I have to ask is this a fan wedding or friends or family?

  7. Please tell me that the 2009 convention you just turned down wasn’t in Western Australia? I’ll not throw myself on any flames if we’ve missed out on seeing you, but I would like to express my significant disappointment if that’s the case. In a totally rational, sane, non-threatening, no-need-for-lawyers way.

    Nah, screw that. Come to sunny Perth. Join Us. We Love You.

  8. Stephbg:

    No, it wasn’t in Western Australia.

    And I’d love to come to Perth. Apparently, I sell well there.

  9. Dude, you’ll do anything to promote a book:

    “You may kiss the bride…and don’t forget to buy The Last Castle.”

  10. Jimbo:

    I’m not likely to come on a weekend lark, because, well, it’s two hemispheres away. But I would like to visit Australia. If I’m invited to be a GoH, I’d definitely consider it. Same with New Zealand. Hint, hint.

  11. @Doug

    I’ve always said that I’m going to get married in Vegas by an Elvis impersonator. I live in Australia (like apparently everyone commenting here…, except Doug)

    And there is a wedding chapel called “Graceland Chapel”, in Vegas.

    (And yes, I have a partner, of about 14 years, who is prepared to be involved in the union, “thankyouverymuch”)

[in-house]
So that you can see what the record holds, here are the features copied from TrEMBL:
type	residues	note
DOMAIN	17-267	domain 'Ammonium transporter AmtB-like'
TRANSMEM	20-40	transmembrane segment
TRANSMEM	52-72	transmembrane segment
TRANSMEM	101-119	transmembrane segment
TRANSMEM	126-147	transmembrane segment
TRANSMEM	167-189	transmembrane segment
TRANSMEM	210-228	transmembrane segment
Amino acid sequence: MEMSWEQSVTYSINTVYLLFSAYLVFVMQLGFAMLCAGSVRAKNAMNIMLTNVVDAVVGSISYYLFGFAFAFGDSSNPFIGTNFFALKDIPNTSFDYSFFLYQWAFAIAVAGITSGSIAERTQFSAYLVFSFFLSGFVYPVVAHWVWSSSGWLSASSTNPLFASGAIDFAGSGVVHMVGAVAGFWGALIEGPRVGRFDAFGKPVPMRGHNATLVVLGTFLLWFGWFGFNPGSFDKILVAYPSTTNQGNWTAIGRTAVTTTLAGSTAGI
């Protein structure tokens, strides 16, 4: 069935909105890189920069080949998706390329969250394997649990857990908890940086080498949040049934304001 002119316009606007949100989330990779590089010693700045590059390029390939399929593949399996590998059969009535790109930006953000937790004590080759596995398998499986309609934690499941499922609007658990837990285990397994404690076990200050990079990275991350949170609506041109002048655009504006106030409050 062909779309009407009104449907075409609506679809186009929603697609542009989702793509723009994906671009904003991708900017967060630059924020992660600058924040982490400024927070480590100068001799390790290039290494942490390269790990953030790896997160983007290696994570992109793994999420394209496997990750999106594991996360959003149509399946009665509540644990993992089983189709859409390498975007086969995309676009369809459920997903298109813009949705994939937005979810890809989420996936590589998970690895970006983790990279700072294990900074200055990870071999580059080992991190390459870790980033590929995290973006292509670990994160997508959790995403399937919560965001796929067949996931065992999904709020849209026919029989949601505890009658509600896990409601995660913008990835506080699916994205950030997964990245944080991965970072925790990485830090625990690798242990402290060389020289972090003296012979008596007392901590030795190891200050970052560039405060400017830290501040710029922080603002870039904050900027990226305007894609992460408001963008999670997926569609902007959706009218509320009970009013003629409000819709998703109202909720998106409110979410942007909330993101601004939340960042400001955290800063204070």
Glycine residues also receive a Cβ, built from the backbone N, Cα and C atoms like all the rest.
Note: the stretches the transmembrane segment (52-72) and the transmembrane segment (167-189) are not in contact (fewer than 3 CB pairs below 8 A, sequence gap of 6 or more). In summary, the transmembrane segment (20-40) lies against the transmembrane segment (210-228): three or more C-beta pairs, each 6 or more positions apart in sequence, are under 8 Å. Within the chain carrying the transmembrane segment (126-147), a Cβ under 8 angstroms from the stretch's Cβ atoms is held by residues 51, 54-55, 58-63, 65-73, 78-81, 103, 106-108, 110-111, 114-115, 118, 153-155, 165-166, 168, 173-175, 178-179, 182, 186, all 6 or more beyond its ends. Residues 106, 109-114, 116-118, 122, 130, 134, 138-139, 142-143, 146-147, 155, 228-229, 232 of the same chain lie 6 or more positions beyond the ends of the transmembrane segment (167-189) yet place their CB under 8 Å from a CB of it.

12. juliew, I officiated at the wedding of two friends a couple of years back, and I had to resist that temptation very hard. The couple probably wouldn’t have minded (I put in a few jokes, and they liked them), but the humour of it would probably have missed 80% of the audience. I probably shoulda done it anyway…

  13. We had two weddings: One where we spent five grand of her dad’s money on booze and a really bad DJ. (How can you not have “I Hate Everything About You”? It was supposed to be our first dance!) The second in Starfleet uniforms.

    Next time, I’m just taking the new Mrs. to Vegas to be married by Elvis.

    BTW, John, would you dress up as Elvis to officiate?

  14. Don’t you have to have some sort of official certification to officiate at weddings, from either the state or a religious organization? I could be wrong. Having never been married and quite distant from anything church-related, the gap in my knowledge is large. So what are your credentials, Scalzi? Sounds like there’s a story there. . . .

  15. I officiated at my sister’s wedding years ago. It was in Alaska, which still has an old law on the books from the pioneer days: anyone can officiate at a wedding once — all you have to do is fill in the form.

    That was seriously fun, and a great role to have in her wedding.

  16. I have actually seen an officiant do a fair imitation of the Princess Bride service. There were only a couple of problems – 1) he wasn’t doing it deliberately and 2) most of the observers wouldn’t have understood the reference even if it were brought up. So my husband and I were left, slowly strangling and turning bright red in the back as the Archbishop (and he actually was an Archbishop), wended his way through the mawwidge service.